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I found this jumper in a charity shop a few weeks ago, and was instantly attracted to the gorgeous wintry colours and that it is pure wool.

With a few holes near the hem and a slightly felted texture it felt snuggly and warm but had obviously seen better days, but for the grand price of £2.99 I gave it a new home.


On a rainy afternoon in December I turned it into this…..


And these…..


And this….


Not bad for just £2.99, a bit of Pom Pom trim and some beads!

I realise that wearing them all together makes me look at best like an unfortunate from a 1980’s Clothkits catalogue, and at worst like one of those crazy women who dresses from head to toe in one colour and carries a small dog around in a matching handbag, but for the purpose of the photograph, here I am in the entire ensemble…


Loving it really!


Jumper top
With any refashion the first step is to try on the offending item, I put this jumper on inside out to allow easy access to the seam allowances.


I pinned away the excess bulk and marked the new neckline then carefully took it off.


Once on the flat, measure the excess to check that the alterations are symmetrical, mark the cutting line in tailors chalk. (To stop the layers from separating I kept the pins in the side seams.)


Next, I carefully snipped around the arm holes, being sure to stay nice and close to the original stitching line.


Cutting away the excess material from the sides. (If your garment has a loose knit you must handle with care once it is cut as it will begin to unravel.)


It’s the little things that make a garment look better quality, and pattern matching is one of those details. Before stitching down the sides check the design in the knit matches.


Once happy, re-pin the new seams and stitch. I used a straight stitch on the machine with good quality polyester thread, but if your garment is very stretchy you may need to use a zigzag stitch.

With sleeves removed and sides nipped in I tried the jumper on again…


and decided it needed a little more taking in under the arms, a bit of shaping round the armhole and a tweak on the shoulders to stop it looking square.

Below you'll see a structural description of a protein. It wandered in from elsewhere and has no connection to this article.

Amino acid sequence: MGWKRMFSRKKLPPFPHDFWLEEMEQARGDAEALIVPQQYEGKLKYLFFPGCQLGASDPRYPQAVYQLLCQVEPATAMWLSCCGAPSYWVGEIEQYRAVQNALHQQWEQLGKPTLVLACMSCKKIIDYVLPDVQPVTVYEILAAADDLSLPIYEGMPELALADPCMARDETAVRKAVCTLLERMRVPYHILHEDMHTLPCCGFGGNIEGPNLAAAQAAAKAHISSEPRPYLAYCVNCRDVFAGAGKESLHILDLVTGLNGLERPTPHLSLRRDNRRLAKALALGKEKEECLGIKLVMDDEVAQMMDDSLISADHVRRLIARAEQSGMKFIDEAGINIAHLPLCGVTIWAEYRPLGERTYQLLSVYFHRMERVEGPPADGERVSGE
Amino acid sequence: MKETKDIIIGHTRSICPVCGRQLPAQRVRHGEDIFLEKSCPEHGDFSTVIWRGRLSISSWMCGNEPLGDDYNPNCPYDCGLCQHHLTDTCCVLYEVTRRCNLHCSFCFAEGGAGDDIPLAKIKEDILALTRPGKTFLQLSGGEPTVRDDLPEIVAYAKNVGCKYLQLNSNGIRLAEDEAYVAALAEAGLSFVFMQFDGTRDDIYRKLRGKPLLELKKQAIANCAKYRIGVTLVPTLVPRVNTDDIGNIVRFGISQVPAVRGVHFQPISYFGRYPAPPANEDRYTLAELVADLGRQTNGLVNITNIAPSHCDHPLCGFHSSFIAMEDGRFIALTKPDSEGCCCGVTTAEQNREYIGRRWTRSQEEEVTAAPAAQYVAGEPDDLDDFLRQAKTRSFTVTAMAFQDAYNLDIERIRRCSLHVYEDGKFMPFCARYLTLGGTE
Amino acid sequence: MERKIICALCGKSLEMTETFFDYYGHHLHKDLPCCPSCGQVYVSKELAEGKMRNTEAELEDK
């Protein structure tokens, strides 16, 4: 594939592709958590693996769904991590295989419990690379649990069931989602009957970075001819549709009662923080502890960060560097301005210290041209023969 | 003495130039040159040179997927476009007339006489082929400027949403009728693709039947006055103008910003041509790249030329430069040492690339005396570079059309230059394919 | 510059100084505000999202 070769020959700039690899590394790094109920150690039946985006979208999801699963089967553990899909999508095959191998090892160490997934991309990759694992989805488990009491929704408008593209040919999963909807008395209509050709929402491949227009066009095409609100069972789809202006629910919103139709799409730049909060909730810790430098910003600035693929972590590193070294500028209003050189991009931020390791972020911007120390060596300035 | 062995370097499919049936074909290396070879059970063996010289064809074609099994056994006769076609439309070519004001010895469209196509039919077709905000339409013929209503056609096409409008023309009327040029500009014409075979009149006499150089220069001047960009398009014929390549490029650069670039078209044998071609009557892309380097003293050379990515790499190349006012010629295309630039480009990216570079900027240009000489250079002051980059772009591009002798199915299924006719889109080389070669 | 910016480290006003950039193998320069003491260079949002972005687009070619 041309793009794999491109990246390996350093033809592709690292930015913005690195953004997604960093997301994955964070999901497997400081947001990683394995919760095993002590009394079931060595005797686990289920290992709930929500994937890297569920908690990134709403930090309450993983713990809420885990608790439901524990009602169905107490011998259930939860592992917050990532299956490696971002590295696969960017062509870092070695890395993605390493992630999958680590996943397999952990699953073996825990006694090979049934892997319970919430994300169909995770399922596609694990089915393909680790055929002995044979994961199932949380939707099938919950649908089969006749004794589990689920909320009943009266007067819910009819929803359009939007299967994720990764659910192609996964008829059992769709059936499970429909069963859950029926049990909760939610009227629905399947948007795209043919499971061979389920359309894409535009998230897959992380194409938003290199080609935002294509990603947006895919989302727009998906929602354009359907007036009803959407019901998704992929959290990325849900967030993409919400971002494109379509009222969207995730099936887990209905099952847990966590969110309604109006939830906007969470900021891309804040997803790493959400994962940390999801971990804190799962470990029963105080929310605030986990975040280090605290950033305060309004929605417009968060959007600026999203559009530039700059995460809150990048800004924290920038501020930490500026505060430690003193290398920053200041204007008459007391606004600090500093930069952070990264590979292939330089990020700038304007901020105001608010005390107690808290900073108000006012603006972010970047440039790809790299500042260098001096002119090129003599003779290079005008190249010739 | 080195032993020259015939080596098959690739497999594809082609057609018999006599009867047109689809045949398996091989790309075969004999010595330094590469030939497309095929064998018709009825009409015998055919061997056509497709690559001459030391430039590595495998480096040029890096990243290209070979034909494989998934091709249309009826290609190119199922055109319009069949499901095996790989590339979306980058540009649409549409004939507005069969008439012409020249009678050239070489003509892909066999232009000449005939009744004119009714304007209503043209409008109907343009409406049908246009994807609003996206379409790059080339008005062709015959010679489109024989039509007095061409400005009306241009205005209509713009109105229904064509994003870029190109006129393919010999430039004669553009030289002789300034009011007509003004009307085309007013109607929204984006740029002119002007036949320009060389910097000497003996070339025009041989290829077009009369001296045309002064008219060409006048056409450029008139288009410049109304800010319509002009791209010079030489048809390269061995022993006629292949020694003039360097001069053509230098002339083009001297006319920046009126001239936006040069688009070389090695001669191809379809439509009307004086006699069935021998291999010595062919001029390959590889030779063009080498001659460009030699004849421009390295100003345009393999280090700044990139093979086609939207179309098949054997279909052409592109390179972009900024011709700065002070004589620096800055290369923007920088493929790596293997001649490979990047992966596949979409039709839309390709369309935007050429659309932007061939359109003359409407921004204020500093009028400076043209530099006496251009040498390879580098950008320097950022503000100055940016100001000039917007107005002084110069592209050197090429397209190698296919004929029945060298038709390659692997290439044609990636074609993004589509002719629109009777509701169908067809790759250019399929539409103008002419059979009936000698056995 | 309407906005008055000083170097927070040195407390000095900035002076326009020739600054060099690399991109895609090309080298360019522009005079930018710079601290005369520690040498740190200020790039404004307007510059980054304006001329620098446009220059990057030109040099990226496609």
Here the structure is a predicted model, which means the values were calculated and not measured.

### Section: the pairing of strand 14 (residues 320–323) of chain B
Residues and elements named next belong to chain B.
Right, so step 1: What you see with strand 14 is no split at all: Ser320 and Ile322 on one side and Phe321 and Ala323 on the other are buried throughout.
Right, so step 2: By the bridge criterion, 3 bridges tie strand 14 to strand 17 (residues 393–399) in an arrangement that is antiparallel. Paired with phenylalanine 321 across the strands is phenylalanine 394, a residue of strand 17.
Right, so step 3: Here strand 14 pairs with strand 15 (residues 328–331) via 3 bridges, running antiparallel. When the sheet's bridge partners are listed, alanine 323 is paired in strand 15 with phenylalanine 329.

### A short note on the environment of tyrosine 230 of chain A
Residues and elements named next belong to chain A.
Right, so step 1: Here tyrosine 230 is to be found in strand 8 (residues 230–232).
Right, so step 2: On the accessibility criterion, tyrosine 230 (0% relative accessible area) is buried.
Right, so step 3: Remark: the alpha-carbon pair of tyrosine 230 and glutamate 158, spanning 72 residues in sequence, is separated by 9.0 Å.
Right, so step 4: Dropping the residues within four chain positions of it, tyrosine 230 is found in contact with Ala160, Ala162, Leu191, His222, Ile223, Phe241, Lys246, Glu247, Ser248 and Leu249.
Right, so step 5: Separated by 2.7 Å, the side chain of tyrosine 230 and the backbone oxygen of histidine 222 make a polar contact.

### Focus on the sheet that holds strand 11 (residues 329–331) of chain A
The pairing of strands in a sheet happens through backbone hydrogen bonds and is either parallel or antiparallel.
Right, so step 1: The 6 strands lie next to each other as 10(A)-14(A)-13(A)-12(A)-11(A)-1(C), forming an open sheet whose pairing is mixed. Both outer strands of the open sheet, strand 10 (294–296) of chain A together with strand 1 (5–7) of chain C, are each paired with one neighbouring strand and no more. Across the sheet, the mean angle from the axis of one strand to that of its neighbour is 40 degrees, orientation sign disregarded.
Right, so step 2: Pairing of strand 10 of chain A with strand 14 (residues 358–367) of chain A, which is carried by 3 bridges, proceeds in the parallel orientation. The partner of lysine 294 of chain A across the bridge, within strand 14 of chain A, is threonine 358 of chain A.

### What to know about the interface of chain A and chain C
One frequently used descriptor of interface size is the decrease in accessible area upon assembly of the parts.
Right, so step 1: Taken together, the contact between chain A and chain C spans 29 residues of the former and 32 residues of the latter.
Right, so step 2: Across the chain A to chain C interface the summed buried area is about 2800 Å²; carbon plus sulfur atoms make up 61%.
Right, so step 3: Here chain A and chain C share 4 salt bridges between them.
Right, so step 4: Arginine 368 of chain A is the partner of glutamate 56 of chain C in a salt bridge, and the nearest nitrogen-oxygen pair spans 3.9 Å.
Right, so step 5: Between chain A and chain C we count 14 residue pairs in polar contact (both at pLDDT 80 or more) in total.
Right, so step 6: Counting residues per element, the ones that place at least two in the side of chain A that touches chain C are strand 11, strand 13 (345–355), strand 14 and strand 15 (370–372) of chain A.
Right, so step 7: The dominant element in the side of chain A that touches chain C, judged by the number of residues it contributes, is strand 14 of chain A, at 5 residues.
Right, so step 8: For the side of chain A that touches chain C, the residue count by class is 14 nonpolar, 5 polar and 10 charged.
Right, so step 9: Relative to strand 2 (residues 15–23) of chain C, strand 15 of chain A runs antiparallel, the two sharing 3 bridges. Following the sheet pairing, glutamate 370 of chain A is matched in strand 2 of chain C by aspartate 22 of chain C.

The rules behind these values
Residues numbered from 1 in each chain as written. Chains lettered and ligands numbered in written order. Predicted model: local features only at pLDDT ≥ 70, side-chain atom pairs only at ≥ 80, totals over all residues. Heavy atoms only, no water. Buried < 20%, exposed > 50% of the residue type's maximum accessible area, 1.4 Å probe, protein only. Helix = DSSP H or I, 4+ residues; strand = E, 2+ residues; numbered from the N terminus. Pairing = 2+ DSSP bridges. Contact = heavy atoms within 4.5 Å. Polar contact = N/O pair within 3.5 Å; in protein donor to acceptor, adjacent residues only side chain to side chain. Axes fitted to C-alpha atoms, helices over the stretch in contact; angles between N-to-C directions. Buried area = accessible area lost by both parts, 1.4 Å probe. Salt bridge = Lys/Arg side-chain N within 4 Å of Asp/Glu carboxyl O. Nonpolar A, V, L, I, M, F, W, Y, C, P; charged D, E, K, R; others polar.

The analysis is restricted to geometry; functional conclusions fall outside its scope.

Once the adjustments had been made I overlocked the side seams to neaten.


Happy with the way my new top was shaping up, I needed to finish off the raw edges. I already had in mind a pom pom trim for the neckline (being a bit bobble mad) so played with different colours, in the end we had a vote in class and the deep turquoise colourway won.

jumper026 jumper024jumper025

Encasing the trim between the raw edge and the body of the top.
Select a wide staggered zig zag stitch (or regular zigzag if that’s all you have): on my machine it’s the one that looks like this…jumper027

First pin the trim, taking care not to stretch or distort the neckline of the top (and checking your head still fits through!) then stitch the rolled edge.


As my top has already been felted in the wash I decided not to overlock the neck edge as I didn’t want to distract from the bobbles, but I did overlock the armholes as I figured they’d get more friction and could look tatty. I then turned the edge to the inside and secured with a herringbone stitch.

jumper030 jumper031

Et voila! My refashioned jumper, ready to be worn again.

Leg warmers
Truth be told this was what the jumper was purchased for in the first place.
I’ve been hankering after some luxe boot warmers for ages but all the nice hand knit, real wool ones cost a fortune, and since I’m not quite a knitter yet this seemed like the perfect solution.

So, I took those sleeves that were chopped off earlier, turned them inside out and pulled them on my legs. Sexy, no?


Pin away the excess and carefully remove without stabbing yourself.

On the flat, draw the new stitching line then cut away the excess.


Stitch, then overlock the new seam and overlock the top edge to neaten. The beauty of this Argyll knit is that is gorgeous on both sides so if you’re careful to finish the raw edges nicely your leg warmer could be reversible.


Wear with warm socks, accessorize with wellingtons and an enthusiastic dog then stride out with the toastiest ankles known to womankind!


I couldn’t bear to throw away those last few scraps of knit that I can’t from the side seams so I decided to make a corsage.


The odd shaped pieces were bunged in the wash with my towels at 40*C and they dutifully shrank and went even more felty (note to self: only ever wash my new jumper top in cool water by hand!).

I cut out as many petal shapes as I could in sets of 4, descending in size, and 2 leaf shapes using the existing overlocking as a vein.


Next, the petals were pinched at the blunt end and stitched by hand to give them a 3D form.


Starting with the smallest, arrange the petals in a cluster stitching them together invisibly from the back, add each set of petals in ascending size order until they are all attached or you have reached the desired size.


Then sew the leaves on the back and perhaps a few beads (or maybe a button) to decorate the centre of your flower.


You could sew your corsage straight onto a lapel, or maybe a hat, or simply use safety pins to attach it to whatever takes your fancy.

All that’s left of that sad jumper is this….


And rest assured it won’t go to waste, maybe next year when I properly learn to knit…


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